Today, on my 43rd birthday, I would like to tell you about two amazing experiences I had when I recently traveled through India. Both of them were extremely physical. One of them made me aware of cultural differences in our attitude towards death. The other one gave me insights about the poorest of the poor – and how the other half dies.
When I was in Calcutta I visited Mother Teresa’s hospice, Nirmal Hriday. People were literally picked up from the street and brought there. The homeless were washed, dressed and taken care of in this extraordinary place. A multitude of nuns and volunteers helped to clean, feed and medicate them. Wound management was a challenge for both eye and nose. I was a bit shocked by the statistics. Written on a chart are the names, ages, the date they came to Nirmal Hriday – and the day they die. Nobody seemed to care about it.
Yet, I was impressed to observe that spiritually caring for the people there was a priority in this very simple hospice. The nuns and volunteers held their heads and caressed the place where the third eye is supposed to be located. It might be sickening and humiliating to satisfy the basic needs of another human being. However, by taking care of them spiritually, the volunteers showed the dying street persons (they are mainly hindu, but religion doesn’t matter) respect and honored their uniqueness.
I visited the holy city of Varanasi for the second time in my life. When I was there at first, I was annoyed by all the hustle, bustle and dirt. I remember eating a delicious meal only to find out afterwards that the restaurant washed its dishes next to the cremation site. The ashes of the burnt bodies stuck to the plates. I was so disgusted. This time, I fell in love with Varanasi and became kind of obsessed with the cremation pyres at the river Ganga. I realized that I was not the only one who was fascinated by the comings and goings in the ghat. My 8-year-old son enjoyed staying there as well and joked with the cremation workers. (none of those jokes were blasphemous, they were just part of life) I asked him whether he was afraid. He wasn’t: “No, don’t you see, it’s a good thing! They want to die this way and they are going to see god straight away!” he stated impatiently.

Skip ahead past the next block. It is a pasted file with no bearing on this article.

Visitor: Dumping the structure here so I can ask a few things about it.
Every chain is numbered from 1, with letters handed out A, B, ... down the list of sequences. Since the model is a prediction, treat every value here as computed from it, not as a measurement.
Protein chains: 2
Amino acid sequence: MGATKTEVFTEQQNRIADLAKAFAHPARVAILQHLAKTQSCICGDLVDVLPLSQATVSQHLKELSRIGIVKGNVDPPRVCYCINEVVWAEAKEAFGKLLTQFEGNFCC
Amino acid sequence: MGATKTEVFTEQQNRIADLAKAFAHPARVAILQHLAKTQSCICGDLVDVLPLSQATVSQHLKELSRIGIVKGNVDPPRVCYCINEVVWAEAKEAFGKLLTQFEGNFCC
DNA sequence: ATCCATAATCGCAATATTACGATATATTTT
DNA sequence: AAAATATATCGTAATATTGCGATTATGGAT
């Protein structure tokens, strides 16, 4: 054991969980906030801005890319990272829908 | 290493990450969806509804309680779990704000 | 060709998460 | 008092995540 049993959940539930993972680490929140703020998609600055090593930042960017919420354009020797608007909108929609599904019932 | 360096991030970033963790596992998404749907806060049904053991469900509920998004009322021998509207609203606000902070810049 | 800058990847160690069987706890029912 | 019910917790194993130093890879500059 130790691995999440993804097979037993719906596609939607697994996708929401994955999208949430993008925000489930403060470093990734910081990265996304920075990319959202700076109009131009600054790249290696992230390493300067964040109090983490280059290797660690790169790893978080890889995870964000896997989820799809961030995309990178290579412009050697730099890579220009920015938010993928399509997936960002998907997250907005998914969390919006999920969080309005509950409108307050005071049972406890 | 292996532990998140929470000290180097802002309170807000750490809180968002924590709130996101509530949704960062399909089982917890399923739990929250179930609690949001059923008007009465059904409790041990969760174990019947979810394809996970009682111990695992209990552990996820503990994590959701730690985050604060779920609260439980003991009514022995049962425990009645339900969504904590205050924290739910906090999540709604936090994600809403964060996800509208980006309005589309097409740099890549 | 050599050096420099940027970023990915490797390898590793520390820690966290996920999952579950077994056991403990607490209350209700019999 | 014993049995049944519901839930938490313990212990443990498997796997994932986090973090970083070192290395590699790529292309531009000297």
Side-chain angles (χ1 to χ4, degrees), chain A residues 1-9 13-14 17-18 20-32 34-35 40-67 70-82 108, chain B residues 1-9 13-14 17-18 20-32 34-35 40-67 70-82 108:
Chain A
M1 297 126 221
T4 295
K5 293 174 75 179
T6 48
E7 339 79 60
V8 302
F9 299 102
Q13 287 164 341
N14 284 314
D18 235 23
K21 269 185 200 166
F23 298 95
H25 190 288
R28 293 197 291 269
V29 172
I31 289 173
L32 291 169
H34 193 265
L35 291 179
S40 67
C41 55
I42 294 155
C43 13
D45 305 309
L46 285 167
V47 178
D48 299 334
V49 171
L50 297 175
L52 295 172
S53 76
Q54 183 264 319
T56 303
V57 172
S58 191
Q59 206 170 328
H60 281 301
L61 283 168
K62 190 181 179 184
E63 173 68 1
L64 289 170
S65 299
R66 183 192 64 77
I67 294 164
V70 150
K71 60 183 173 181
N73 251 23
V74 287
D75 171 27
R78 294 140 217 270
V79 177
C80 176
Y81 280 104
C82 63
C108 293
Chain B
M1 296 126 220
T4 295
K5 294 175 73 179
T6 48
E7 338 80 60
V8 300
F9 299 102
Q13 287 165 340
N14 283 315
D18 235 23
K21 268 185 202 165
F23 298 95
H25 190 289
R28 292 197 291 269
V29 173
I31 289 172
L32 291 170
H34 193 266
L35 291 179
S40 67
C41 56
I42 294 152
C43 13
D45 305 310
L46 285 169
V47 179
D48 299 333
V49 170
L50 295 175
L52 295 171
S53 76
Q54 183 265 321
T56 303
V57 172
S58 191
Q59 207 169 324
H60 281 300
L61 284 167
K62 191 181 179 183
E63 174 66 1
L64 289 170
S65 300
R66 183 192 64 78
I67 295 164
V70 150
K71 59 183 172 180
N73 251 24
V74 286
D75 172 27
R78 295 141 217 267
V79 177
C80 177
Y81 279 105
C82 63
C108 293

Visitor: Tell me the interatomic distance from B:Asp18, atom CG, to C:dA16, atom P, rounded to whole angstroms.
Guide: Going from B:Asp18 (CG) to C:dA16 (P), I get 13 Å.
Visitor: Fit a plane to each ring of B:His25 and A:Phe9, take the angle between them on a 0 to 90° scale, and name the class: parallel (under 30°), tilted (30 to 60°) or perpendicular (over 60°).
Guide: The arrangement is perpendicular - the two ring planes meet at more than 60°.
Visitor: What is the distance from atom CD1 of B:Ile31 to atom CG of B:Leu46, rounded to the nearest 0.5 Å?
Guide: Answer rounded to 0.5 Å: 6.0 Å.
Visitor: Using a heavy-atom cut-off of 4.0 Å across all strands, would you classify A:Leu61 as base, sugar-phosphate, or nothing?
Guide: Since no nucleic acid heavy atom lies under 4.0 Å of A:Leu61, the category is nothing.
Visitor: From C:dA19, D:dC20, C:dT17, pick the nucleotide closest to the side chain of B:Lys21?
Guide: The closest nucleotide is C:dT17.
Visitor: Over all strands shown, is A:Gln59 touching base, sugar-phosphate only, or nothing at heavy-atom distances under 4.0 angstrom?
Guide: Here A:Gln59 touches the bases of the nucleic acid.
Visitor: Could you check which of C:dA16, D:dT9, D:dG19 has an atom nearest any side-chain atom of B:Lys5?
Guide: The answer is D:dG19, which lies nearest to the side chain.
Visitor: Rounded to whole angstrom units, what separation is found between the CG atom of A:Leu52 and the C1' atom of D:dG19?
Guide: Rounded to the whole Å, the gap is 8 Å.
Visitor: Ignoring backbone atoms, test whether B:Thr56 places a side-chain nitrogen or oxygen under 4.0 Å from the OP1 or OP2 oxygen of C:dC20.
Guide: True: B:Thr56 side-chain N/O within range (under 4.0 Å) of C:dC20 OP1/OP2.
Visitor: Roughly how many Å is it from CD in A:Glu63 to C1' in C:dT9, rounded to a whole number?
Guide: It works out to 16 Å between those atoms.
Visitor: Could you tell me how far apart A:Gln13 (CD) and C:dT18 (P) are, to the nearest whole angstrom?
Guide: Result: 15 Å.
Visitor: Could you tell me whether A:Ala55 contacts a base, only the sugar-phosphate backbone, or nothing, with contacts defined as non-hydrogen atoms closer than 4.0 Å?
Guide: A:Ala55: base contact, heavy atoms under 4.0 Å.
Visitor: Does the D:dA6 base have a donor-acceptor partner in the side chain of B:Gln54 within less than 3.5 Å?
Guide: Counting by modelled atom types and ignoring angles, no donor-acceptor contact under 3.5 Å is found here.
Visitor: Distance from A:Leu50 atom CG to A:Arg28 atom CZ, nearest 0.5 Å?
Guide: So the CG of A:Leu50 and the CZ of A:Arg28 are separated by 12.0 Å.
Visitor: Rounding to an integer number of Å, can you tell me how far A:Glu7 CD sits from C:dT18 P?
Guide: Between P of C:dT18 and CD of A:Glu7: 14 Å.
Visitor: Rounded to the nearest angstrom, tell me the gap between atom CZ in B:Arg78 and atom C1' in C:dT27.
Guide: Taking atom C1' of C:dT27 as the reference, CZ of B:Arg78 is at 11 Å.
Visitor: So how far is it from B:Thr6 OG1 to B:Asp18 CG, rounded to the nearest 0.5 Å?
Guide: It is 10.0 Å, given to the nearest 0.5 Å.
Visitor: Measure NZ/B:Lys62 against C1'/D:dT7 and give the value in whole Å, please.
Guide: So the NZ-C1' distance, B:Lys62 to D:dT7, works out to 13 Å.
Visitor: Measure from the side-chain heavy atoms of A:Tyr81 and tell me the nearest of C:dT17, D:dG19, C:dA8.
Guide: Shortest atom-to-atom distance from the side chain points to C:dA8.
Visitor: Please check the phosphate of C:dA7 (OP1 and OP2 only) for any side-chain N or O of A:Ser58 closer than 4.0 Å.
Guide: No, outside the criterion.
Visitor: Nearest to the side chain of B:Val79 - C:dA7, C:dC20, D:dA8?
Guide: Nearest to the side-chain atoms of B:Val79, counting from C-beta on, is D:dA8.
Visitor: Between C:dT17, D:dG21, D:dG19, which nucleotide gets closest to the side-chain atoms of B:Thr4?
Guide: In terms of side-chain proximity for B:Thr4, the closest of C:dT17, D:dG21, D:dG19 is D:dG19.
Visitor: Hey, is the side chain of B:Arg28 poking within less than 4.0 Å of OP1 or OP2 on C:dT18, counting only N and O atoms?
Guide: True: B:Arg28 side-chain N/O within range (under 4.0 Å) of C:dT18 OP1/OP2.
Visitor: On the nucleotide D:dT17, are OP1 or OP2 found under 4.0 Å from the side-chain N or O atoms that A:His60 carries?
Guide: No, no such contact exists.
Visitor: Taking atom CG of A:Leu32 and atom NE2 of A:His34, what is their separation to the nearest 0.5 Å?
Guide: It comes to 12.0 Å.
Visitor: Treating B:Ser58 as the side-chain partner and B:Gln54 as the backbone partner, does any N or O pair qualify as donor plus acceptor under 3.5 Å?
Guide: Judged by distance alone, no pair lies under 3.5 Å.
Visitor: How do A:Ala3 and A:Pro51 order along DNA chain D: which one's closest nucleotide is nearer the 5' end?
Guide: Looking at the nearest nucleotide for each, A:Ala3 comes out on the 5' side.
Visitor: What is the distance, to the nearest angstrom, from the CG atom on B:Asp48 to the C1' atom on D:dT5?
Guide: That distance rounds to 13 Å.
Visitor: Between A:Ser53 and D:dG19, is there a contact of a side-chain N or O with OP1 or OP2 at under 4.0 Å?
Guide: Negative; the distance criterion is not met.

I don’t know if dying in Varanasi really means breaking the cycle of life and rebirth. All I know is that I could imagine to say goodbye to my loved ones in such a direct, personal and physical way . I guess I would have to wash their body, massage essential oils and fragrances into it, decorate it with flowers and carry it to a cremation site. If I had to light the pyre, I am sure I would be shattered. I presume I could not do it for everybody. A child of mine – impossible! Older relatives, yes. Later on, watching the body of someone I care about turn into ashes would be devastating. But wouldn’t it be a catharsis for my grieving soul as well?
I talked to many people in Varanasi, to those upbeat guys who work at the cremation site all day and night, to the mourning families and to the sadhus. My point of view was confirmed by them. The ritual was heartbreaking AND healing. Nobody seems to be afraid of death, reincarnation is an inevitable reality for them. This life is just a passage, nothing else, and there is a lot more to come. I wish I could share their strong faith, although I reckon I am too much of a coward to be as equanimous.
Please don’t misunderstand me – being poor, sick and dying in a country like India is not romantic at all. Nevertheless, I found the rituals of life and death in India much more vibrant and powerful than in westernized countries.